By Kevin E. Noonan --
One of the effective arguments made by the ACLU in the AMP v. Myriad case was that somehow permitting patents on genes implicated a patient's privacy right in her genetic material. This was also the theme of their public relations campaign to raise money and gain members, and when the Supreme Court handed down its decision, the group hailed it as a victory on that basis (among others).
But an interesting aspect of this debate is that genetic bases for disease (and for methods for detecting or diagnosing diseases with a genetic basis) is not an individual phenomenon. A particular person's genetics is of course very important to them, but developing a genetic diagnostic test depends on a population of individuals who share a particular genetic variant and are at risk for or actually have a disease with a genetic basis. This is one reason why the University of Utah was successful in isolating the BRCA genes (and earlier, before the widespread application of genomic sequencing), due to the genealogical (population) information amongst the relatively homogeneous Mormon population. Records of births, deaths and causes of death extended in some cases into the 19th century, and a similar population demographic was behind Decode Genetics' attempt to sequence the population of Iceland. This reality is not readily appreciated; indeed, President Obama, in extoling the virtues and promise of the administration's "Precision Medicine Initiative," stated that the goal was to pool a great deal of data (for up to a million patients) so we can discern the underlying similarities. And yet, in his very next breath Mr. Obama said that genetic data should belong to the individual. Which misses the point, that no matter who owns the individual data, the value is in the database, not in the individual data points that make it up.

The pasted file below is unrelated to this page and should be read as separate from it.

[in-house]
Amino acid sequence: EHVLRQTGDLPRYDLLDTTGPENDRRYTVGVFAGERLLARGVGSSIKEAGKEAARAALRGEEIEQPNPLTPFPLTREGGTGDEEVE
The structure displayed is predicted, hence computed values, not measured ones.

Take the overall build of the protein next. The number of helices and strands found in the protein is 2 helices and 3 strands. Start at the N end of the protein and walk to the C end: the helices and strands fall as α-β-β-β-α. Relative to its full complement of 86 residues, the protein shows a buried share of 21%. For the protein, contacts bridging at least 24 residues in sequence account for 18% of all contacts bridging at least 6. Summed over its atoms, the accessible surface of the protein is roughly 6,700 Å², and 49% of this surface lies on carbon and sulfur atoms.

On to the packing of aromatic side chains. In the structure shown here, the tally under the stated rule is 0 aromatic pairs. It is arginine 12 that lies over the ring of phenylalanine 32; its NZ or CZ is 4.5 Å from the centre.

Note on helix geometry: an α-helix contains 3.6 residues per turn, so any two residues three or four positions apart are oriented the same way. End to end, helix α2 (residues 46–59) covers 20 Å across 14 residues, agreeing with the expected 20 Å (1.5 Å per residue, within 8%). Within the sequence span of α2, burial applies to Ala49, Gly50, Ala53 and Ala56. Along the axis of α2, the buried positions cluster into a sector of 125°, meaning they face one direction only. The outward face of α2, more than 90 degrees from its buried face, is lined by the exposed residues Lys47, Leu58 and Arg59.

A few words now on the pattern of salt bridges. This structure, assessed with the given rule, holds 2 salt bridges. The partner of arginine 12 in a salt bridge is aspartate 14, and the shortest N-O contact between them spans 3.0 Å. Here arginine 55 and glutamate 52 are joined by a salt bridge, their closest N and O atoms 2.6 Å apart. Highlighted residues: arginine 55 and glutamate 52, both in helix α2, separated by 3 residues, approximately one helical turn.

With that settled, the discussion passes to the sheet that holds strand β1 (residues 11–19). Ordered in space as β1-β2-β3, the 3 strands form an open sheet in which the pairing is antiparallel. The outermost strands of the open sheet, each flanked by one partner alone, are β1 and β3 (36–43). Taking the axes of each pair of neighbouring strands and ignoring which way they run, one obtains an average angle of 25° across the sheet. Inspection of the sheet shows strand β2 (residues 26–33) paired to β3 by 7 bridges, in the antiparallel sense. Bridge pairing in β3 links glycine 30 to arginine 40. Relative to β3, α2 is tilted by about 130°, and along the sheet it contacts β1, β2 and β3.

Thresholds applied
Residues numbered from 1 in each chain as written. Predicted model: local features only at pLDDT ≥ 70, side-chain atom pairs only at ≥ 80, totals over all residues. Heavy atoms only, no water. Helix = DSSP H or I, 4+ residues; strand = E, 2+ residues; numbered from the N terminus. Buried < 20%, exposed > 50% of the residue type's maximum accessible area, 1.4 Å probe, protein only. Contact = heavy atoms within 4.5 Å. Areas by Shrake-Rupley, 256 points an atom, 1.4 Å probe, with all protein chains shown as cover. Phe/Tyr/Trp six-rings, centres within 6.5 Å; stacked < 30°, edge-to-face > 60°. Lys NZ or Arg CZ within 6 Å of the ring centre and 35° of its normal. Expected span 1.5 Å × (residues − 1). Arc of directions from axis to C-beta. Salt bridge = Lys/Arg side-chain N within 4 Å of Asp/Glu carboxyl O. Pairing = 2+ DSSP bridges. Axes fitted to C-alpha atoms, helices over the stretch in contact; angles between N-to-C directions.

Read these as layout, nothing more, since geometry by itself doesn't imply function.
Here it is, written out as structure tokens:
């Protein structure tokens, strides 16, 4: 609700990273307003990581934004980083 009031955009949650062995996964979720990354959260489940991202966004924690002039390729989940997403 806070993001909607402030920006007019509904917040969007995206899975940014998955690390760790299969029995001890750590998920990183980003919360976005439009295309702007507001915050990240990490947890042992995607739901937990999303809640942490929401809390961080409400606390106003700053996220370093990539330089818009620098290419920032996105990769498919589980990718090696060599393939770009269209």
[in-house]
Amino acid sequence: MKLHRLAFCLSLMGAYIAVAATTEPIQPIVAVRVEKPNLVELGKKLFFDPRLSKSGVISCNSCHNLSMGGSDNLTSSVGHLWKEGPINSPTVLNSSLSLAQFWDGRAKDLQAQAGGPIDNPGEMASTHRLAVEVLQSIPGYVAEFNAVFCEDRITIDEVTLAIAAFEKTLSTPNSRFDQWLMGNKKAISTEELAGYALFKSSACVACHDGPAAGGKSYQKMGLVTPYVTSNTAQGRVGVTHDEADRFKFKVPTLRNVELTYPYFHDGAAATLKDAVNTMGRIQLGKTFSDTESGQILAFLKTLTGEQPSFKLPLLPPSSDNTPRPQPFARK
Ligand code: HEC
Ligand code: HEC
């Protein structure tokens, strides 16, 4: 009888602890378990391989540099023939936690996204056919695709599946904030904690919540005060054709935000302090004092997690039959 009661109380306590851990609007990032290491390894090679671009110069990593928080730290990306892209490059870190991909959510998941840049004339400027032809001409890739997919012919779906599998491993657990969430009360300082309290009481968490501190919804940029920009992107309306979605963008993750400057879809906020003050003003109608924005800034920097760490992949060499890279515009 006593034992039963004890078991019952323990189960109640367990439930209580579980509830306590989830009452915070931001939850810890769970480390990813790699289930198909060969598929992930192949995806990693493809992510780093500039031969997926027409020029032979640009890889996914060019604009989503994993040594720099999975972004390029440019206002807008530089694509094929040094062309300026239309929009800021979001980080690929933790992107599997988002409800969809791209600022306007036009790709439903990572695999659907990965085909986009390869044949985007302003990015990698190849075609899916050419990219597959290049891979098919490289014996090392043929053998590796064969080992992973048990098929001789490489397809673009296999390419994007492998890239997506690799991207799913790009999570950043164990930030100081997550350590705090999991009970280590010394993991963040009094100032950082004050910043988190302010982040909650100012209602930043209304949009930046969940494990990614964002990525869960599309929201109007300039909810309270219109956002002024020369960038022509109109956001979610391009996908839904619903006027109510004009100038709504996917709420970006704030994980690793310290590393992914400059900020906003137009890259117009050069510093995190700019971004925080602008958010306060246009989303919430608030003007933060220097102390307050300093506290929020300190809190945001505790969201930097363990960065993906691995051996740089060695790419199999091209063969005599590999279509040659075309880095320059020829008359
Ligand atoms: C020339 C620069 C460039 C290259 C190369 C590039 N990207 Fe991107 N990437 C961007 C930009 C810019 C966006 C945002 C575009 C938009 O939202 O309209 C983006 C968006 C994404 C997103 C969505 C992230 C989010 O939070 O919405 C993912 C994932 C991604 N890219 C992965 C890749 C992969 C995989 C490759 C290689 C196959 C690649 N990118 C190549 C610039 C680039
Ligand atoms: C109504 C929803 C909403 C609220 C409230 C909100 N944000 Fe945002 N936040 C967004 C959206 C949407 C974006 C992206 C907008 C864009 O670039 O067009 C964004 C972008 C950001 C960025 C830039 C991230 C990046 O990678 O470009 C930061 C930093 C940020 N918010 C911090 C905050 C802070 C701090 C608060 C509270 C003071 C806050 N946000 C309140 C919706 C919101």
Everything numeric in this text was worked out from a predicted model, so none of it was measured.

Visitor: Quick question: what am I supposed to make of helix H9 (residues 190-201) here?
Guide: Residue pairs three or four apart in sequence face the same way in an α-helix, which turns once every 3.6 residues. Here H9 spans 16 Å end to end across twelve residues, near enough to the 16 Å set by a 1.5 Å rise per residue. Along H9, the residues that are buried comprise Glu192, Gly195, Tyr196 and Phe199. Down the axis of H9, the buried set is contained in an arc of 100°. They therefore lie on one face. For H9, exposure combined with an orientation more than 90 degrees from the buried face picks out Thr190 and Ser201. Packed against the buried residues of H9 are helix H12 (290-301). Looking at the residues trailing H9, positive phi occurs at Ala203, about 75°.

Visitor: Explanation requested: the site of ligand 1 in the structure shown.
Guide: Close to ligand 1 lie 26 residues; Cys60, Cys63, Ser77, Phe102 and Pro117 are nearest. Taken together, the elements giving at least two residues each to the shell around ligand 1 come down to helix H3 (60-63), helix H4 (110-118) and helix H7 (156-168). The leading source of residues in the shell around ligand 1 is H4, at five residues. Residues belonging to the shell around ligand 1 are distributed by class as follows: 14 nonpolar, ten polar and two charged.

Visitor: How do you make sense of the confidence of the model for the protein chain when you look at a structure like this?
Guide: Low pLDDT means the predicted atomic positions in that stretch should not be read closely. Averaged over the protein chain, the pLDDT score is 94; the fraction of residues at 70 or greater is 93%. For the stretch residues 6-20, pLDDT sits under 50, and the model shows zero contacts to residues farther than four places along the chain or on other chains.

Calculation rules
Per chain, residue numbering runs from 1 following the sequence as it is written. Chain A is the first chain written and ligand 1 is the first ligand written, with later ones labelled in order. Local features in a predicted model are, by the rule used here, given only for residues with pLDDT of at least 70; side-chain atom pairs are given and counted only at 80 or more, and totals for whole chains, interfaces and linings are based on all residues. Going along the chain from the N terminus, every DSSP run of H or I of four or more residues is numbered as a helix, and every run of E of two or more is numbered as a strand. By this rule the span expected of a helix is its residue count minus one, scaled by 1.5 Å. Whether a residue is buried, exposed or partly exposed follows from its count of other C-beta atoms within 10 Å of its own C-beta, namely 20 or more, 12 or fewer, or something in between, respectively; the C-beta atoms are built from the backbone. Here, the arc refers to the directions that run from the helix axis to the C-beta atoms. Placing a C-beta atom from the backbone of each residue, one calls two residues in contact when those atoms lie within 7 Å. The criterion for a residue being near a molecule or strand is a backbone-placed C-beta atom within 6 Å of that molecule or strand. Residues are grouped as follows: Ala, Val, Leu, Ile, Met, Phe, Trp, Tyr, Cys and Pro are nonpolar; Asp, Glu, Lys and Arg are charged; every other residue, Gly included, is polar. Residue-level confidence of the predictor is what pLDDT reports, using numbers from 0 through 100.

It is helpful to have these factors in mind when considering the announcement last week by Ambry Genetics that the company was going to put online its database of genetic variants complied from the results of their genetic diagnostic tests (from among other things its BRCA testing, which was the subject of a lawsuit it won against Myriad in In re Utah Research Foundation (Myriad III) (see "Myriad Throws in the Towel"). According to this announcement, data from 10,000 Ambry customers would be released into a publicly accessible database, as reported in the New York Times and Genomeweb (see "Putting It Out There"). Predictably, interested parties like the President of the Personalized Medicine Coalition, Edward Abrahams, reacted by saying Ambry "should be applauded" according to the report. But as noted by Professor David Goldstein of Columbia University, data from 10,000 patients doesn't "change the game much." However, Ambry promises to add data from 200,000 patients per year going forward, which if accomplished should achieve one of the President's goals of removing the siloing of genetic data that occurs when these tests are limited to an academic environment. Similar efforts have been announced by others, for example by requesting Myriad's customers to voluntarily submit their genetic data in an effort to replicate the much larger Myriad database of BRCA gene mutations (see "Consortium Launches Public Database of BRCA Data" and "Myriad Genetic Database Under Siege").
Of course, Ambry it still far behind Myriad in the size of its database, which is one consequence of not being the first mover in what used to be a new technology of genetic diagnostics. But these circumstances raise the question of whether the changing paradigm instituted by the Supreme Court's Myriad and Mayo decisions will in fact ultimately promote or inhibit the goal of discovering genetic correlates to disease for the most people and the most diseases. Fortunately, the Court had not put its judicial thumb on the diagnostic scale in 1997, and as a consequence Myriad was able to use its patent exclusivity to justify the costs of developing the support infrastructure of genetic counselors and gynecologists to get the test to patients effectively, and convince payors that the results were reliable enough that paying for tests would reduce the costs of paying for treatment. The effectiveness of these tests being established (by Myriad and others in the ensuing decades), the issue now is whether altruism (purported or actual) will be sufficient to motivate the type of cooperation that is at the base of the President's vision for a public database. Perhaps, but there is just as good a chance that the data will be kept in proprietary databases and thus fail to promote the progress in understanding the genetic basis of disease that the President seeks. For now, policymakers seem to think betting on this view of how technology develops is worth trying. It will take time to determine whether they are right, but if they are not, it will be reasonable to ask at what cost we have decided to take this particular path.